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Trudeau revokes emergency powers after Canada blockades end

A police officer mans a checkpoint near Parliament Hill on Wednesday in Ottawa. Ottawa protesters who vowed never to give up are largely gone, chased away by police in riot gear in what was the biggest police operation in the nation's history.
Adrian Wyld /The Canadian Press
/
via AP
A police officer mans a checkpoint near Parliament Hill on Wednesday in Ottawa. Ottawa protesters who vowed never to give up are largely gone, chased away by police in riot gear in what was the biggest police operation in the nation's history.

TORONTO — Canadian Prime Minister Justin Trudeau announced Wednesday he is removing emergency powers police can use after authorities ended the border blockades by those opposed to COVID-19 restrictions as well as the occupation of downtown Ottawa.

Trudeau invoked the powers last week and lawmakers affirmed the powers late Monday. Trudeau said then the powers were still needed but noted they would not stay in place a day longer than necessary.

"The situation is no longer an emergency, therefore the federal government will be ending the use of the emergencies act," Trudeau said. "We are confident that existing laws and bylaws are sufficient to keep people safe."

The emergencies act allows authorities to declare certain areas as no-go zones. It also allows police to freeze truckers' personal and corporate bank accounts and compel tow truck companies to haul away vehicles.

The trucker protest grew until it closed a handful of Canada-U.S. border posts and shut down key parts of the capital for more than three weeks. But all border blockades have now ended and the streets around the Canadian Parliament are quiet.

"We were very clear that the use of the emergencies act would be limited in time," Trudeau said. "We said we would lift it as soon as possible."

Trudeau had warned earlier this week there were some truckers just outside Ottawa who might be planning further blockades or occupations. His public safety minister also said there was an attempt to block a border crossing in British Columbia over the weekend.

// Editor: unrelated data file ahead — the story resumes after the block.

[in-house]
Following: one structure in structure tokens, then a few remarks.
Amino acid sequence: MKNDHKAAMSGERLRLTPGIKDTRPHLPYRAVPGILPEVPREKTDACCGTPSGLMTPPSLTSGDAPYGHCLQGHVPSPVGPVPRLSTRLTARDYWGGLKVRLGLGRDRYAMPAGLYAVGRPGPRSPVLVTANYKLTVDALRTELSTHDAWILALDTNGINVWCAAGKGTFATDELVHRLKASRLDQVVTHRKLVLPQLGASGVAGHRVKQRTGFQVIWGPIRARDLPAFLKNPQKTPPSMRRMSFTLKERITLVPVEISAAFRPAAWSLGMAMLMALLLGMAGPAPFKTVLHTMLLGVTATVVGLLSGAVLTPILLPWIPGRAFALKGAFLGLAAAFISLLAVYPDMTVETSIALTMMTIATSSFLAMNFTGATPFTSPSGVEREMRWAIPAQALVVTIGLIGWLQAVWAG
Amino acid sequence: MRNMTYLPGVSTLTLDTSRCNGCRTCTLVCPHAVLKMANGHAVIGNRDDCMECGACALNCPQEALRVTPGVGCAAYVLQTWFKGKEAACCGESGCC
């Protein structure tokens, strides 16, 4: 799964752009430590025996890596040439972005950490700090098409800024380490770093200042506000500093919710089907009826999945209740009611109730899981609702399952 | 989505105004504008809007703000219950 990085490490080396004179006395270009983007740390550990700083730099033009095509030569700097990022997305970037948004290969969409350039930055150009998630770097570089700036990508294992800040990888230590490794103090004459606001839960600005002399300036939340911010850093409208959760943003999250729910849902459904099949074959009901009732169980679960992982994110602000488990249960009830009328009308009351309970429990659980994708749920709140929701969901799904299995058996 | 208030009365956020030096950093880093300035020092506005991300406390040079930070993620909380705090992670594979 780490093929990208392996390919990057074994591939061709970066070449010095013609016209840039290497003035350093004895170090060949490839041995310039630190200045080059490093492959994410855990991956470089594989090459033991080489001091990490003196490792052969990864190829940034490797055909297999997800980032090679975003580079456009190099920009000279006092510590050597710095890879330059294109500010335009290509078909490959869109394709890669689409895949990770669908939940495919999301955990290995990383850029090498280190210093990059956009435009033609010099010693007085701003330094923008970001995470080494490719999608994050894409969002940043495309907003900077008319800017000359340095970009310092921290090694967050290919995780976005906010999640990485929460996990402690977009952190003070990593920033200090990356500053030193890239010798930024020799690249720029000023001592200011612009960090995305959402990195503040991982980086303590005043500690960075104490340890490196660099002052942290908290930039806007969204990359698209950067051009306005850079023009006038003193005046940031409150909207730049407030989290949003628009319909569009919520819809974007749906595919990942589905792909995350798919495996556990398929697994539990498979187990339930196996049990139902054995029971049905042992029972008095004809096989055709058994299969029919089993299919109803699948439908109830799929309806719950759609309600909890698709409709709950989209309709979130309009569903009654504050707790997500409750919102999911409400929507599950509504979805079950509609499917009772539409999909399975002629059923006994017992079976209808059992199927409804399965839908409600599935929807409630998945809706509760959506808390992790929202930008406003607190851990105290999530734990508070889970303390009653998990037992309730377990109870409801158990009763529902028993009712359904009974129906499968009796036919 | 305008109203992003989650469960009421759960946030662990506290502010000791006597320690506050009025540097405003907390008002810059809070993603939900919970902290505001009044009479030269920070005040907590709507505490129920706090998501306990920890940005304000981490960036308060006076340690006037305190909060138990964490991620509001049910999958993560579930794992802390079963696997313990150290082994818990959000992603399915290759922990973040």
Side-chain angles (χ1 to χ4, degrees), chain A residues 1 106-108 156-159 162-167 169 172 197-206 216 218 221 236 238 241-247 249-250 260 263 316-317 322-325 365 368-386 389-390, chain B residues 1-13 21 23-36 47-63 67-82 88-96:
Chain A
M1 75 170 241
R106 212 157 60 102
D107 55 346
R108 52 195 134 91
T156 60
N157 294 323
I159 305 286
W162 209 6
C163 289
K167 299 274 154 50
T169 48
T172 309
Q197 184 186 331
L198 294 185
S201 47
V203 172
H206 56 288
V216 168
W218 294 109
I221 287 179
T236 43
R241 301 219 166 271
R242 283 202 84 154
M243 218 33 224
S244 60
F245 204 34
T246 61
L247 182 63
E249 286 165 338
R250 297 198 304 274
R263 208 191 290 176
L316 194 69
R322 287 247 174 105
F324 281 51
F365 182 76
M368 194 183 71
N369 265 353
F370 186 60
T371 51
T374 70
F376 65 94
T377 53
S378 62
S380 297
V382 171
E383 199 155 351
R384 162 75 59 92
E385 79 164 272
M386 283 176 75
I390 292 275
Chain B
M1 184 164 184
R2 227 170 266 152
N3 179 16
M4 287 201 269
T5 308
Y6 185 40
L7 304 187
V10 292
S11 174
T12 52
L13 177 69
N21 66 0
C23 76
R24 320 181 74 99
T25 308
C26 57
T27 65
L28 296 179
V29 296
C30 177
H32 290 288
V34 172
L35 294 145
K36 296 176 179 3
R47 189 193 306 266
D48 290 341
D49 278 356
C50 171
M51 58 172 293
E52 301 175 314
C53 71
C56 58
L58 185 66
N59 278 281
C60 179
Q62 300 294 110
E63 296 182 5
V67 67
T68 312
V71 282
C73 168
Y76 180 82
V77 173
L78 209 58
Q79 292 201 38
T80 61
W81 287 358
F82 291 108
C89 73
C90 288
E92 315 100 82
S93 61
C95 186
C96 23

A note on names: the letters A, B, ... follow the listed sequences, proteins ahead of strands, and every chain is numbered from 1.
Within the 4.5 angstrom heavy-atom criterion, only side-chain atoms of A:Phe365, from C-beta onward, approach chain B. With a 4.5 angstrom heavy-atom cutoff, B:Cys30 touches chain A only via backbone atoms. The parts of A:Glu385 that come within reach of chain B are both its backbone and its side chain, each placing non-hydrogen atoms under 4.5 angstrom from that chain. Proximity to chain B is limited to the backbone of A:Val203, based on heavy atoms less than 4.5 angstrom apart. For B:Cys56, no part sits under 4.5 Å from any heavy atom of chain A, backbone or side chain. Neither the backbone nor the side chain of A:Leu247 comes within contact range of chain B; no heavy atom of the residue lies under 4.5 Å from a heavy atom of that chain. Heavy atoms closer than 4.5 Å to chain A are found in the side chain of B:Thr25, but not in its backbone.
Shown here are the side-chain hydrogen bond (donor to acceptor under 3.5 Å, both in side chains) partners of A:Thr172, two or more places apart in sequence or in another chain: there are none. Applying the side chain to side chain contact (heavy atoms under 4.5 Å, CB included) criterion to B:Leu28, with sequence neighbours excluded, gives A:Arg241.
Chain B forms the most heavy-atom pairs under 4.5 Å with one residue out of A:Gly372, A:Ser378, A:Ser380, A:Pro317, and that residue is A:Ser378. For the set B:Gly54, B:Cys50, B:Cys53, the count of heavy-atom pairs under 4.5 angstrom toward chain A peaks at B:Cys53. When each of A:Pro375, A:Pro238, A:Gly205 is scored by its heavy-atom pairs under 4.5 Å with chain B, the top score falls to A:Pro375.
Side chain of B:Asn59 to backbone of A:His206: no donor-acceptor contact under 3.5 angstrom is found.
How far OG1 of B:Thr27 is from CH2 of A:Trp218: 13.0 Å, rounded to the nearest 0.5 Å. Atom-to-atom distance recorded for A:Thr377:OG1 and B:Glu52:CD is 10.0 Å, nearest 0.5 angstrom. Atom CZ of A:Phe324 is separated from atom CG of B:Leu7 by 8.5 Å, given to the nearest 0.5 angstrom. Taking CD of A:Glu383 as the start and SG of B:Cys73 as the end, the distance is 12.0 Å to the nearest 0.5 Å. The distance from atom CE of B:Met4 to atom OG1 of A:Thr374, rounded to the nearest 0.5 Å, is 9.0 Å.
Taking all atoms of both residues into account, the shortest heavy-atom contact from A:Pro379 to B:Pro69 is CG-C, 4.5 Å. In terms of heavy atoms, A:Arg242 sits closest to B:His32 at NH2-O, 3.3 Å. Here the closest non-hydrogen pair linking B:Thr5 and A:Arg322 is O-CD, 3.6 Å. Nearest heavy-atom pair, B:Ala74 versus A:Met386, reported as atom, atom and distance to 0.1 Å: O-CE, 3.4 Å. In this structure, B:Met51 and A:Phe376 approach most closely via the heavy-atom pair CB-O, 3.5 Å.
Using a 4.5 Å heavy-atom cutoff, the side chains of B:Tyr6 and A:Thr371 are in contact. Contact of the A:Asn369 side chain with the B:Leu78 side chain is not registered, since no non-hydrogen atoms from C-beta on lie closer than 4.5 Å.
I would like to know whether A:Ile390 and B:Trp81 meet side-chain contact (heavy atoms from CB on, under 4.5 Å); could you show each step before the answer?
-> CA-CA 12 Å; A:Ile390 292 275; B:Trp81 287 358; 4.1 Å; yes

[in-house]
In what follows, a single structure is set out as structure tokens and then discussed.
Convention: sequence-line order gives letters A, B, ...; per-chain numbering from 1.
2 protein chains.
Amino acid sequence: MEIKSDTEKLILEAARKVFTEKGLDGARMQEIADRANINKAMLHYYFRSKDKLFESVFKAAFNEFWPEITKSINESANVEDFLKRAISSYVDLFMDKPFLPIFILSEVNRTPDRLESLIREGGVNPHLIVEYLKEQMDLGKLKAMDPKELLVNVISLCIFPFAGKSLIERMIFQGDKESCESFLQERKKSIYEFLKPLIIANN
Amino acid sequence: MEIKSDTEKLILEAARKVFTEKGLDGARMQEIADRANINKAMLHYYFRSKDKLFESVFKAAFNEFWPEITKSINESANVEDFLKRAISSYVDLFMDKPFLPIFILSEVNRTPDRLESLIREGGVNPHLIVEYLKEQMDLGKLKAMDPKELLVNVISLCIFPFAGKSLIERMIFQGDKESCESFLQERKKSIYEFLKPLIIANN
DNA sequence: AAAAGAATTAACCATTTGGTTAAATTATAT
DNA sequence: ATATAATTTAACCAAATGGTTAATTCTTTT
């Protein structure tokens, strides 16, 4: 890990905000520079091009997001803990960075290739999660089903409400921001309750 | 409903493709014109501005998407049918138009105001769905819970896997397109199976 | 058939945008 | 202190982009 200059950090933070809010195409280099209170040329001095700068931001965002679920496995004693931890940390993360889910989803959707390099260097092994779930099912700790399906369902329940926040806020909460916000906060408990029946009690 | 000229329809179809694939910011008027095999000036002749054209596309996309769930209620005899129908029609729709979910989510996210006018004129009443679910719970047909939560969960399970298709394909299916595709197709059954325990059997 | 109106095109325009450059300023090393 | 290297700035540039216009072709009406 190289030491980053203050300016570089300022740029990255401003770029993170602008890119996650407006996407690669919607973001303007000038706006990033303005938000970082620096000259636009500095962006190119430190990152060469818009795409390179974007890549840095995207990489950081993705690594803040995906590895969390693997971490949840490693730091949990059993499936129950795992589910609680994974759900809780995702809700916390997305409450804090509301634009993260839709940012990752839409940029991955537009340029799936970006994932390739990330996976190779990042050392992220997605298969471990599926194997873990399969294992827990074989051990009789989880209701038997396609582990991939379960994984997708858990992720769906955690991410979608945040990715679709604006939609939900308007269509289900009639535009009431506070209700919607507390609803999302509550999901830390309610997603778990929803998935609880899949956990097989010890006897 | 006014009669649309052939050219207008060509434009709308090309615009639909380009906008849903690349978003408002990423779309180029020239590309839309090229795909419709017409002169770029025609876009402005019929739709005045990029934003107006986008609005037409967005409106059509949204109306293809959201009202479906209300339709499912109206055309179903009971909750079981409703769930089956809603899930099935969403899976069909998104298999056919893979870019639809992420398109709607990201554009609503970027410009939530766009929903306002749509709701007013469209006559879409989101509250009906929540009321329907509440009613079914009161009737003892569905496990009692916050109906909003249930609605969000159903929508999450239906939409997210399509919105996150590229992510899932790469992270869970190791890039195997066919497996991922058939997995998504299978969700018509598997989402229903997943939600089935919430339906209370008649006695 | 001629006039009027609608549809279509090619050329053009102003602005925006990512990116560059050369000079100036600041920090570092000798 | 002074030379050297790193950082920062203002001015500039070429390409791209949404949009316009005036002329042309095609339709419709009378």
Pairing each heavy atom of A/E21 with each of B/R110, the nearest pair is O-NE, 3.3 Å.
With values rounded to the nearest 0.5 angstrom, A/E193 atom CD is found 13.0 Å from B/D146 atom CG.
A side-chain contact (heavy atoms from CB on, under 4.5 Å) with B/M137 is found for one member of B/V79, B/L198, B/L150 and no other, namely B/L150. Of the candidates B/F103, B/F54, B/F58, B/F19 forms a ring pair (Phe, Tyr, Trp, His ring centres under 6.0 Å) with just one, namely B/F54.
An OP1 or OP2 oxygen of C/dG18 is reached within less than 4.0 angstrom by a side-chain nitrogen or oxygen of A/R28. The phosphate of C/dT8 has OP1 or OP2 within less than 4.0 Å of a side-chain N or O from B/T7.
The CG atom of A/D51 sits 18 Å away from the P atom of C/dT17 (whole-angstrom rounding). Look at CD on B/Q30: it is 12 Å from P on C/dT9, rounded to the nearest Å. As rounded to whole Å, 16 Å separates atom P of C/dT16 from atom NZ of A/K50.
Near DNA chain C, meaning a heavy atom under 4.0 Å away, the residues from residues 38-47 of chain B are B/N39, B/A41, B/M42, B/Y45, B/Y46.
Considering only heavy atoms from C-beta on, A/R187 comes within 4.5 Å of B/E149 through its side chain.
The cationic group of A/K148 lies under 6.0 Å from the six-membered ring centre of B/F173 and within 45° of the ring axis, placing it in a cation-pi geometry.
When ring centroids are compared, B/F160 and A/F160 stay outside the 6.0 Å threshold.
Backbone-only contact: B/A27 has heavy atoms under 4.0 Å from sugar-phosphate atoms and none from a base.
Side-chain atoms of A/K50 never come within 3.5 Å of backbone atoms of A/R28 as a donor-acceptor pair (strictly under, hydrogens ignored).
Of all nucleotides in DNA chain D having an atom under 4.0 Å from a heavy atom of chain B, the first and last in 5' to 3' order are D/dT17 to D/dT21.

The Royal Canadian Mounted Police said those who had their bank accounts frozen were "influencers in the illegal protest in Ottawa, and owners and/or drivers of vehicles who did not want to leave the area."

The protests, which were first aimed at a COVID-19 vaccine mandate for cross-border truckers but also encompassed fury over the range of COVID-19 restrictions and hatred of Trudeau, reflected the spread of disinformation in Canada and simmering populist and right-wing anger.

The self-styled Freedom Convoy shook Canada's reputation for civility, inspired convoys in France, New Zealand and the Netherlands and interrupted trade, causing economic damage on both sides of the border. Hundreds of trucks eventually occupied the streets around Parliament, a display that was part protest and part carnival.

For almost a week the busiest U.S.-Canada border crossing, the Ambassador Bridge between Windsor, Ontario and Detroit, was blocked. The crossing sees more than 25% of the trade between the two countries.

Authorities moved to reopen the border posts, but police in Ottawa did little but issue warnings until Friday, even as hundreds and sometimes thousands of protesters clogged the streets of the city and besieged Parliament Hill.

On Friday, authorities launched the largest police operation in Canadian history, arresting a string of Ottawa protesters and increasing that pressure on Saturday until the streets in front of Parliament were clear. Eventually, police arrested at least 191 people and towed away 79 vehicles. Many protesters retreated as the pressure increased.

A small convoy of truckers demanding an end to coronavirus mandates began a cross-country drive from California to the Washington, D.C., area on Wednesday.

Several hundred people rallied in a parking lot in the cold, windswept Mojave Desert town of Adelanto before about two dozen trucks and a number of other vehicles hit the road. It wasn't clear how many intended to go all the way.

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